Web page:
Life in a Late Medieval City: Chester, 1275-1520 (Paperback)Jane Laughton (author)
Paperback 264 Pages / Published: 08/10/2008
- Publisher out of stock
In the late medieval period Chester was the most important place in north-western England, serving as administrative centre of the county palatine and as the regional capital. The city was not large but its status was further enhanced by its role as ecclesiastical capital and garrison town. Chesters location ensured close links with Wales and Ireland. This study of Chester is based on a wide range of sources, written and archaeological, and contains much that is new. It reveals a city with its own distinctive character but one which shared the experiences of towns throughout medieval England. Particular use is made of the court rolls, records that have the potential to illuminate social relationships at the neighbourhood level. The book therefore makes an important contribution to the study of medieval urban history. The focus is on the ordinary townspeople and they appear throughout: Alice the launder assaulted on the river bank by a millwards son on Whitsunday in 1306; the butcher John Daa, occupant of the property adjoining St Peters who was arrested in 1407 on suspicion of having purchased herring from the French allies of Glyn Dwr; the smith John Smith who paid for ale with two horseshoes in 1489. The picture that emerges is of a lively community that responded to social and economic change with enthusiasm and enterprise.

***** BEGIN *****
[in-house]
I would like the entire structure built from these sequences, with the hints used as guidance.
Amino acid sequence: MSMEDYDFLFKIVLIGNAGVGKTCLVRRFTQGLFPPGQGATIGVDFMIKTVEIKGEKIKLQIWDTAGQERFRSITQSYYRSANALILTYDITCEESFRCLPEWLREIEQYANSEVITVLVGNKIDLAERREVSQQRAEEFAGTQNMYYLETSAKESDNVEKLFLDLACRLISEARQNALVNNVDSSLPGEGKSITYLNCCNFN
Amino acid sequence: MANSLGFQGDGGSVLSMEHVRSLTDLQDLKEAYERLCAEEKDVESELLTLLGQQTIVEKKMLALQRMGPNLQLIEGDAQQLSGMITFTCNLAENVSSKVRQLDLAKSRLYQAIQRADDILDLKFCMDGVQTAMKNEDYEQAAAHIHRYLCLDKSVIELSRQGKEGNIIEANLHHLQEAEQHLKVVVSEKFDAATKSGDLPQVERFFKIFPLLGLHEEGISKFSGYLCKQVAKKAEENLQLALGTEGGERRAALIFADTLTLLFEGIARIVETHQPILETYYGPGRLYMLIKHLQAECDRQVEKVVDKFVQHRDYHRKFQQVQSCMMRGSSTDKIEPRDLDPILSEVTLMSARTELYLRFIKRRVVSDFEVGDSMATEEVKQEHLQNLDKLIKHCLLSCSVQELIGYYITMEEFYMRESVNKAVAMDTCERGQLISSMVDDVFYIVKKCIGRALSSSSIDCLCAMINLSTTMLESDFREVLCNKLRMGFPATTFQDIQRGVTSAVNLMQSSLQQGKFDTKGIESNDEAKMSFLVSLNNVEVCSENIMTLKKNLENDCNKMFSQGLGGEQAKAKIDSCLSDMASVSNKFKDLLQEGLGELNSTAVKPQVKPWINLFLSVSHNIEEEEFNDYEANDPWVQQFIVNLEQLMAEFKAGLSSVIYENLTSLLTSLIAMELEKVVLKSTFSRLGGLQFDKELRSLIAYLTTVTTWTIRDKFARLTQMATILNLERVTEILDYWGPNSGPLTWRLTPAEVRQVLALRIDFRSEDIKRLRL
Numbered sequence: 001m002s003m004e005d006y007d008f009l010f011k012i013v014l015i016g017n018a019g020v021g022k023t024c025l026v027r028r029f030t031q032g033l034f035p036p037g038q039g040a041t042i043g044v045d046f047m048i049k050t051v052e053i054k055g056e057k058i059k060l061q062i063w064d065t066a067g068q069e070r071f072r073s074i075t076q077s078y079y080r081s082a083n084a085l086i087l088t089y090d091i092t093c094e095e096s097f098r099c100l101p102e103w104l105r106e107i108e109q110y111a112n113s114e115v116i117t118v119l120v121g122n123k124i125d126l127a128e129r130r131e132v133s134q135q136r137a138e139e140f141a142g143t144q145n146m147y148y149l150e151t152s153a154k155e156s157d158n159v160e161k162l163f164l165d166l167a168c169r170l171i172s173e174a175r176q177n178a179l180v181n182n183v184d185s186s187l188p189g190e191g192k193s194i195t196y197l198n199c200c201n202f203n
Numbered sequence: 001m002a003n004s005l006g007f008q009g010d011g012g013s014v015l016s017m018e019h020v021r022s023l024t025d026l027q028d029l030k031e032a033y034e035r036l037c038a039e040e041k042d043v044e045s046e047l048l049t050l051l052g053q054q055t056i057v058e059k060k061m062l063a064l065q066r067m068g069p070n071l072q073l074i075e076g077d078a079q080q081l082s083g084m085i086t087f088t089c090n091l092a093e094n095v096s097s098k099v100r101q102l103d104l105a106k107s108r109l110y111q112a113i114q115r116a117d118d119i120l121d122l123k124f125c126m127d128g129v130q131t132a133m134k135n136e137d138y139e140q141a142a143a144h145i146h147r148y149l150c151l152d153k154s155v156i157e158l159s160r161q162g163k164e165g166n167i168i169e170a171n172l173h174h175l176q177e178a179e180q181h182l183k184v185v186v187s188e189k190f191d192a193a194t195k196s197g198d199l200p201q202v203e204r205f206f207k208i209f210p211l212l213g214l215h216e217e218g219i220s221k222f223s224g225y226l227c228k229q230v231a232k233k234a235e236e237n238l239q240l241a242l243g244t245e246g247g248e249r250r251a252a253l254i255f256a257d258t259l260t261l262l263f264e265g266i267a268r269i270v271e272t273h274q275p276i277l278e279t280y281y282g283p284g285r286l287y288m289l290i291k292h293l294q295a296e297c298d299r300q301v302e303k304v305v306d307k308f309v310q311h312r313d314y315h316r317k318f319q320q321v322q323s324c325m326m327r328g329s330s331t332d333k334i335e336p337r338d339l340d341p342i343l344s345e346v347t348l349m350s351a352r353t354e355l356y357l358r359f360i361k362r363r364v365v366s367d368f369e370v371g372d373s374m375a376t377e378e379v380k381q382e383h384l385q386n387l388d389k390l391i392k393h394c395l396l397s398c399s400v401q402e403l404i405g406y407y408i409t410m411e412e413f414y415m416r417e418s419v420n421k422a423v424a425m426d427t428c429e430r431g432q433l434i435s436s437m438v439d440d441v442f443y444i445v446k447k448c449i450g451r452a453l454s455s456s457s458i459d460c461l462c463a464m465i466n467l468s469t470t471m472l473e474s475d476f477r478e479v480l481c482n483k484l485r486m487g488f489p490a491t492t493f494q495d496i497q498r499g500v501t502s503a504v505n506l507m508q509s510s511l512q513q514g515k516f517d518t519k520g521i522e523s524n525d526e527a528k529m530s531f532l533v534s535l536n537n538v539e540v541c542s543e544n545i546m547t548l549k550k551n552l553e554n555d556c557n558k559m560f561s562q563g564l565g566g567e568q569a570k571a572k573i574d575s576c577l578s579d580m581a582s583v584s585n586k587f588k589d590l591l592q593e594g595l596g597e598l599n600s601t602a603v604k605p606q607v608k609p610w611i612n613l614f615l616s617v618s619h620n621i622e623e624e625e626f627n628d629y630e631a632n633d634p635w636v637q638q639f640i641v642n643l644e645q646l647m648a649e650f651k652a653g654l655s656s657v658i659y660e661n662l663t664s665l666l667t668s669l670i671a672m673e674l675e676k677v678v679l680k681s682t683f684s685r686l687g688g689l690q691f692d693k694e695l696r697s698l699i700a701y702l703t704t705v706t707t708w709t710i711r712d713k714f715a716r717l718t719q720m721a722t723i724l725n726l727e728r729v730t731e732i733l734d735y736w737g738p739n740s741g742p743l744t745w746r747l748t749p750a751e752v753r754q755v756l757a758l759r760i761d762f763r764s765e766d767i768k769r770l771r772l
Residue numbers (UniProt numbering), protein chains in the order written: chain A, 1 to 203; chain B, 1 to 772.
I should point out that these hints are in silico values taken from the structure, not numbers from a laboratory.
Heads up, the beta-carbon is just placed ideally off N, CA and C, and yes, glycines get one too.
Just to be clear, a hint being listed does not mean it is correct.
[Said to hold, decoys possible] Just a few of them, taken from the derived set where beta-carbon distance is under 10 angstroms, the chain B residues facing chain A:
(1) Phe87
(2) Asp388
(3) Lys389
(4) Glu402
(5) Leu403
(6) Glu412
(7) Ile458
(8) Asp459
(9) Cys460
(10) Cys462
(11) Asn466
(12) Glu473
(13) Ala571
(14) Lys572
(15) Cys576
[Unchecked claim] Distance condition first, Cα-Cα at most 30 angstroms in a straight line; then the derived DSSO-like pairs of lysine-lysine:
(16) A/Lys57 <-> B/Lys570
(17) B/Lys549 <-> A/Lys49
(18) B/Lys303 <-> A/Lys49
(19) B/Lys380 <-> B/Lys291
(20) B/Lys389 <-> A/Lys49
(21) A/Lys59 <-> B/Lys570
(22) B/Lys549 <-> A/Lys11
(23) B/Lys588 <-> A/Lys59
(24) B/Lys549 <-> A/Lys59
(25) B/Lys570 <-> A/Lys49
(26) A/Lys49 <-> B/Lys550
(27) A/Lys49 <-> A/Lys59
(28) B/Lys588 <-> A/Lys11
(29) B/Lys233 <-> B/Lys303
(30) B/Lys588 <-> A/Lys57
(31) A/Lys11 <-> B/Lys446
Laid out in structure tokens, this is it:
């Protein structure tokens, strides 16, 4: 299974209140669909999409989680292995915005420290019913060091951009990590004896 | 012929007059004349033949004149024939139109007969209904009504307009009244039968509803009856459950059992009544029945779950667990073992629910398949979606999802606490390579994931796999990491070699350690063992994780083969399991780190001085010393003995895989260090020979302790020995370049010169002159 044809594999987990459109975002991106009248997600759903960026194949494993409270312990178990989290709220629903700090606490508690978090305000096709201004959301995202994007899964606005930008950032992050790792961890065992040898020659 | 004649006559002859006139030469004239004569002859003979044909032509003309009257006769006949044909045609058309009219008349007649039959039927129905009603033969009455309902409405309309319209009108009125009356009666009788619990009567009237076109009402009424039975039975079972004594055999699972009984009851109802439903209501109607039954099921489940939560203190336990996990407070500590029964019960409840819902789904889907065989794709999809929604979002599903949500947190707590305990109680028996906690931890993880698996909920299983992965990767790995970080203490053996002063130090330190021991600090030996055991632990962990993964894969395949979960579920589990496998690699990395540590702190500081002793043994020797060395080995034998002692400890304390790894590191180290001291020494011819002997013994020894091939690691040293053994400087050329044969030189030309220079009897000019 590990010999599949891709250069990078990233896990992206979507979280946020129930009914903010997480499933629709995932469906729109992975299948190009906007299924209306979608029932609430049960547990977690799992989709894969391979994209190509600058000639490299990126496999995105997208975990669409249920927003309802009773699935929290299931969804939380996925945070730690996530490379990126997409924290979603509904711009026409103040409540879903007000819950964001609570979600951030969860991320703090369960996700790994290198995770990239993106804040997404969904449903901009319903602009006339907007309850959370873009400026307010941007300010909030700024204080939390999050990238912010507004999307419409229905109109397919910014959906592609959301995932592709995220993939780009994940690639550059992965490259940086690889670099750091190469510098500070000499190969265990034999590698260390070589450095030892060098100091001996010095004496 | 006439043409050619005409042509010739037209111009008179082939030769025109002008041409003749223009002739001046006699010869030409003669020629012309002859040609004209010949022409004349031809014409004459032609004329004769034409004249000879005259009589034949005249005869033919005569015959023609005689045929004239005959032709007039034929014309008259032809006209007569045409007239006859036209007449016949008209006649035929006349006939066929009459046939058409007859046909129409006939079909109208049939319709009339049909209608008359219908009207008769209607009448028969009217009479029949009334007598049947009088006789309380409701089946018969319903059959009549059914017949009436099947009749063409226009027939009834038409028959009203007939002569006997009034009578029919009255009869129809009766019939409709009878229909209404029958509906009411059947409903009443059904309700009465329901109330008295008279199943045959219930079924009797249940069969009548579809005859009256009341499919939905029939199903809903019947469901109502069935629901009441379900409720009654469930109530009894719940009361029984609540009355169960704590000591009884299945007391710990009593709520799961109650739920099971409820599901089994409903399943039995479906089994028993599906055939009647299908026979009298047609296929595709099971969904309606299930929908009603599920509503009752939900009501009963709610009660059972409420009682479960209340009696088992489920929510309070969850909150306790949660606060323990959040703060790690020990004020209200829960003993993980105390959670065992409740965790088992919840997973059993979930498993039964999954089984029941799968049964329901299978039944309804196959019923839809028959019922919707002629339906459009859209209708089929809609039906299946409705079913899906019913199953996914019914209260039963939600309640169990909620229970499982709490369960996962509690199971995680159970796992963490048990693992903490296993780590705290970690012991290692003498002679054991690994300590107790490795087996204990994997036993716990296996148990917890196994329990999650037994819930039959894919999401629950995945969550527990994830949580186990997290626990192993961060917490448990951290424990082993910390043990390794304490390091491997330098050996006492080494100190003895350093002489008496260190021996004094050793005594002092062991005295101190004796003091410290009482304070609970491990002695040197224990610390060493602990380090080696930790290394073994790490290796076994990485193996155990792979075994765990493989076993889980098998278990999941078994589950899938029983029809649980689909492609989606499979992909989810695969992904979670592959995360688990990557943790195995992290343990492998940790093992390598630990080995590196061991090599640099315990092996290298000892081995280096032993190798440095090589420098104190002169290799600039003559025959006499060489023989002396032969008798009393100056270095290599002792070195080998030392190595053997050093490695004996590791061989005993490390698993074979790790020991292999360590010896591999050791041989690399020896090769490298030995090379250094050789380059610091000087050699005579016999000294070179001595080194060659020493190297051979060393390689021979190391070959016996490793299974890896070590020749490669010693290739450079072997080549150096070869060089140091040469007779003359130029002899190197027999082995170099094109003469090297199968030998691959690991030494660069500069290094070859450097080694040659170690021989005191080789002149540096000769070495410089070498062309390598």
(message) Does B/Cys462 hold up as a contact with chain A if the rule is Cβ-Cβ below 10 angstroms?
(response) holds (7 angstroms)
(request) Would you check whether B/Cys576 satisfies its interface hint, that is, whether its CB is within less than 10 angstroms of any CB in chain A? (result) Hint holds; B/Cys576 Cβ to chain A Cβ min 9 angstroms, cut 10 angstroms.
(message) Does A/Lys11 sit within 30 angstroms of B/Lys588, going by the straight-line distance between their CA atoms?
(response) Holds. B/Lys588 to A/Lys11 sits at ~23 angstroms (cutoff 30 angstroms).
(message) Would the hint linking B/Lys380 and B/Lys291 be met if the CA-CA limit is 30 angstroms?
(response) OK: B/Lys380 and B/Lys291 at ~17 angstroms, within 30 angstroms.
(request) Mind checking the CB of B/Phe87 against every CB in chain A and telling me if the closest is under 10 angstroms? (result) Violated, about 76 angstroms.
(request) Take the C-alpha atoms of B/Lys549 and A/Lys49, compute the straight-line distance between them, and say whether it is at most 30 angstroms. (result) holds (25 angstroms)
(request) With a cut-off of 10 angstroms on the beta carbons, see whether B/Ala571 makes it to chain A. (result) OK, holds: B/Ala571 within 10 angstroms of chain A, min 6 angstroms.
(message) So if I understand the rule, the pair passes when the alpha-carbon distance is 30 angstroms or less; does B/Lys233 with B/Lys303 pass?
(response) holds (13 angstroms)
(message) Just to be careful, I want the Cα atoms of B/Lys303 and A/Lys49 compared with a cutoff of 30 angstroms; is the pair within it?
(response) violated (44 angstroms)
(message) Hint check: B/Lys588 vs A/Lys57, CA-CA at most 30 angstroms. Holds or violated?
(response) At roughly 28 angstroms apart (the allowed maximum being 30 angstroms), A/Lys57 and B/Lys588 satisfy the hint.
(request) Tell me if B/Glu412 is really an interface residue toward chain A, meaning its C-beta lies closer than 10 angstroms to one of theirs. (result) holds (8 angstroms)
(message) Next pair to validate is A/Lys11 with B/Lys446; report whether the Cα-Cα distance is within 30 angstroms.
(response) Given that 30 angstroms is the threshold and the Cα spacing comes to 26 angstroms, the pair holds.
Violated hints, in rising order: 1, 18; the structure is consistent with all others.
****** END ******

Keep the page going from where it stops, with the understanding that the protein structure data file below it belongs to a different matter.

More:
Publisher: Windgather Press
Number of pages: 264
Weight: 739 g
Dimensions: 200 x 130 x 18 mm
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